LAWRENCE, Kan. — Of all the ugly aspects in the end-of-game brawl between Kansas and Kansas State basketball players Tuesday at Allen Fieldhouse, arguably the most disturbing facet flew somewhat under the radar.
But Bill Self noticed.
“It happened in handicapped seating,” said Self, speaking after the No. 3-ranked Jayhawks’ 81-60 victory over the Wildcats. “If you’re going to do something, at least take it on the court or whatever. It’s ridiculous that they would go into the stands.”
Ridiculous could very well be the word of the evening.
Punishments are expected to be handed down Wednesday to the players involved in the melee, which occurred in the final seconds of the Sunflower Showdown tilt. Both Self and K-State counterpart Bruce Weber were unable to give a full evaluation of what happened Tuesday — the head coaches were in the postgame handshake line when the incident was sparked — but both indicated that their own program shares blame for what happened.
Here’s what is known to have unfolded, pieced together through both ESPN’s broadcast of the game, additional footage released by the network after the skirmish and clips posted to social media by journalists sitting behind the basket, where the fight originated.
With three seconds left in the blowout, K-State’s DaJuan Gordon stole the ball from KU’s Silvio De Sousa just past midcourt. De Sousa, however, was able to chase Gordon down and block his shot from behind. But the Jayhawk junior forward was unable to leave well enough alone — De Sousa hovered over the now-downed Gordon for several seconds.
MELEE BREAKS OUT:Wild brawl erupts at end of Kansas-Kansas State rivalry game
That’s when Wildcat freshman forward Antonio Gordon flew into the picture, shoving De Sousa backward and away from the freshman guard Gordon. Other shoves were exchanged while some players and assistant coaches attempted to play peacekeeper — both teams had reserves in the game at that point, though each bench cleared and all of those players were subsequently ejected.
De Sousa appears to escalate the physicality, throwing the brawl’s first punch in the direction of Wildcat junior guard David Sloan. K-State redshirt junior forward James Love, inactive and wearing street clothes, engages with De Sousa, and the two appear to throw punches at one another. De Sousa then picks up a metal stool and holds it over his head before dropping it. De Sousa is finally corralled by Self and Jayhawk assistant coaches, the approximately 35-second brouhaha settling down.
KU’s Marcus Garrett and David McCormack rush to a downed Love near the end of the mayhem, though it’s unclear if the pair engaged with Love physically.
Both teams left the court through opposite tunnels, but officials forced them to return — it was determined De Sousa’s block went out of bounds with one second left, and the Luanda, Angola, native was assessed a technical foul for taunting. K-State’s Pierson McAtee converted 1 of 2 tries from the free-throw line to give the game its final score.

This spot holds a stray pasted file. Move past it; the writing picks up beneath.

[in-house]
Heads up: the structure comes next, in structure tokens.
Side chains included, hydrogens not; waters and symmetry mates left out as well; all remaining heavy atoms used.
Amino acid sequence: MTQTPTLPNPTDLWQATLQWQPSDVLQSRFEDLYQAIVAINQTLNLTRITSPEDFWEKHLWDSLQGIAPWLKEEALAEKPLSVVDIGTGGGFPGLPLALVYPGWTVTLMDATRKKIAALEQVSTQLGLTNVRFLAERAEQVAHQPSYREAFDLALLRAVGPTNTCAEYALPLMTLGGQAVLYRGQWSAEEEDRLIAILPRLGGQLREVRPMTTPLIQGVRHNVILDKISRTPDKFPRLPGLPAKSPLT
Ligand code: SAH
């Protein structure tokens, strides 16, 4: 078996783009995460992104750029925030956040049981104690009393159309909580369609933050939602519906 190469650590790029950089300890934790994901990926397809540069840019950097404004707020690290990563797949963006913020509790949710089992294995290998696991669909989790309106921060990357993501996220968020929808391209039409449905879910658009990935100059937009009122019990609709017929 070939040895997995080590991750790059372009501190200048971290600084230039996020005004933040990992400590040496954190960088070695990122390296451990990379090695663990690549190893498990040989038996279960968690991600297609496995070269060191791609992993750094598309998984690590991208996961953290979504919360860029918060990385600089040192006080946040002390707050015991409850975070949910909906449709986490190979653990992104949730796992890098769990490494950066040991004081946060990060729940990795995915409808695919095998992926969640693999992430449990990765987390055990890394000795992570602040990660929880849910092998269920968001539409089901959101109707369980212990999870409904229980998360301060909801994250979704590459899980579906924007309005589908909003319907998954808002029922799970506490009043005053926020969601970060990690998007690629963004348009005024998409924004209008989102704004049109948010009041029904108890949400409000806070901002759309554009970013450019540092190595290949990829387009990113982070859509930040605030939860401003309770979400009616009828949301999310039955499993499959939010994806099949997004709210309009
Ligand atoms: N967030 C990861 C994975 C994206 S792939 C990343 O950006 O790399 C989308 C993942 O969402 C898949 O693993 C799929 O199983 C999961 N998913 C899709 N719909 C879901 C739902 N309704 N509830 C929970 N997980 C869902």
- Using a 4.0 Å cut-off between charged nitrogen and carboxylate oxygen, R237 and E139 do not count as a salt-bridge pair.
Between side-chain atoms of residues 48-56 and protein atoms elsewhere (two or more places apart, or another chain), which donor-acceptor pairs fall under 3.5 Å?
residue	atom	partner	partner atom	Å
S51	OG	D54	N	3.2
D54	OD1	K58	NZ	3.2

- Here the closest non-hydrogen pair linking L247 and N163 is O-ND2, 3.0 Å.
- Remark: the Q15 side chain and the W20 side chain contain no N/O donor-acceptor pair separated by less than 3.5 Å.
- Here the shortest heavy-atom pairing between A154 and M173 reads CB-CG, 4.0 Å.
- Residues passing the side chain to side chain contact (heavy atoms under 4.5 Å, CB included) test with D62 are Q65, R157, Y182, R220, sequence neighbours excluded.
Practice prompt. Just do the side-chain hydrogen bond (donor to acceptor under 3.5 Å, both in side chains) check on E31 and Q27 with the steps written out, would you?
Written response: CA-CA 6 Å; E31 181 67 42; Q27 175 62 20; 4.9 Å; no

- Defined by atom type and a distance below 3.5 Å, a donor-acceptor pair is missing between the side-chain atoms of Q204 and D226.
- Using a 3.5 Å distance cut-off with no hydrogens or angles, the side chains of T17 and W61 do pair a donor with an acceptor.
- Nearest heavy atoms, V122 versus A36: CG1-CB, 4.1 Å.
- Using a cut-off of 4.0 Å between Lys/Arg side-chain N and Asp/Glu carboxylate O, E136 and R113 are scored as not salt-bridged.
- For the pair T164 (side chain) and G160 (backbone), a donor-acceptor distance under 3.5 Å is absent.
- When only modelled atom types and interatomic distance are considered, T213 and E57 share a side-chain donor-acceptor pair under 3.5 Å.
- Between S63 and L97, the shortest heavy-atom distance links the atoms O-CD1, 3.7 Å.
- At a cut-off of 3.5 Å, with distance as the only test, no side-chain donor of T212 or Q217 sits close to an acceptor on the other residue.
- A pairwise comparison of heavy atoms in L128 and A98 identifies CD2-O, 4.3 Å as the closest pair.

In a news release, KU athletic director Jeff Long called the conduct of a handful of Jayhawk student athletes “simply unacceptable and not reflective of who we are.”
“There is no place for this conduct in college athletics or here at KU,” Long said. “I would like to apologize to the Big 12 Conference, Kansas State University, (athletic director) Gene Taylor, Bruce Weber and all fans for the lack of sportsmanship from members of our team this evening.”
Self called his players’ roles in the incident “an embarrassment.”
“This doesn’t have anything to do with competition,” Self said. “Those were selfish motives on why that took place at the end.”
Weber shouldered a degree of blame for the incident, though he said DaJuan Gordon and the rest of the Wildcats were told not to press in the final moments with the outcome long determined. Self cited “multiple issues with K-State on this front” — an end-of-game dunk by KU’s Brannen Greene during the 2015-16 season in a lopsided KU victory; an end-of-game dunk by Barry Brown last season in a lopsided K-State victory — but didn’t mention any prior moment by name.
This situation is “a little different,” Self observed, as it was the losing team that attempted the meaningless buzzer-beater.
“I’m not sure that it’s the right thing to do, but I’m not going to place any blame on Gordon going and taking (De Sousa’s) ball,” Self said. “I mean, Silvio knew he was being defended and he took his ball, and certainly the way Silvio reacted to him taking his ball, going down and blocking the shot, that’s all fair game. Horn hadn’t gone off yet. But what transpired after that is obviously what set everything off.”
A nationally-televised black eye on both programs, the incident is one that, if Self were a fan, would do nothing to entice him to watch future college basketball games, he commented.
“We’ve seen things like this happen at other places and certainly it gets some attention and you know it’s the exception and not the rule, but still, it’s inexcusable,” Self said. “These things can’t happen.”
The lasting image, it would seem, will be De Sousa lifting the metal stool.
“I was there when that happened, yeah,” Self said. “Which is, regardless of what happened, it’s a terrible image and there will certainly be consequences for that.”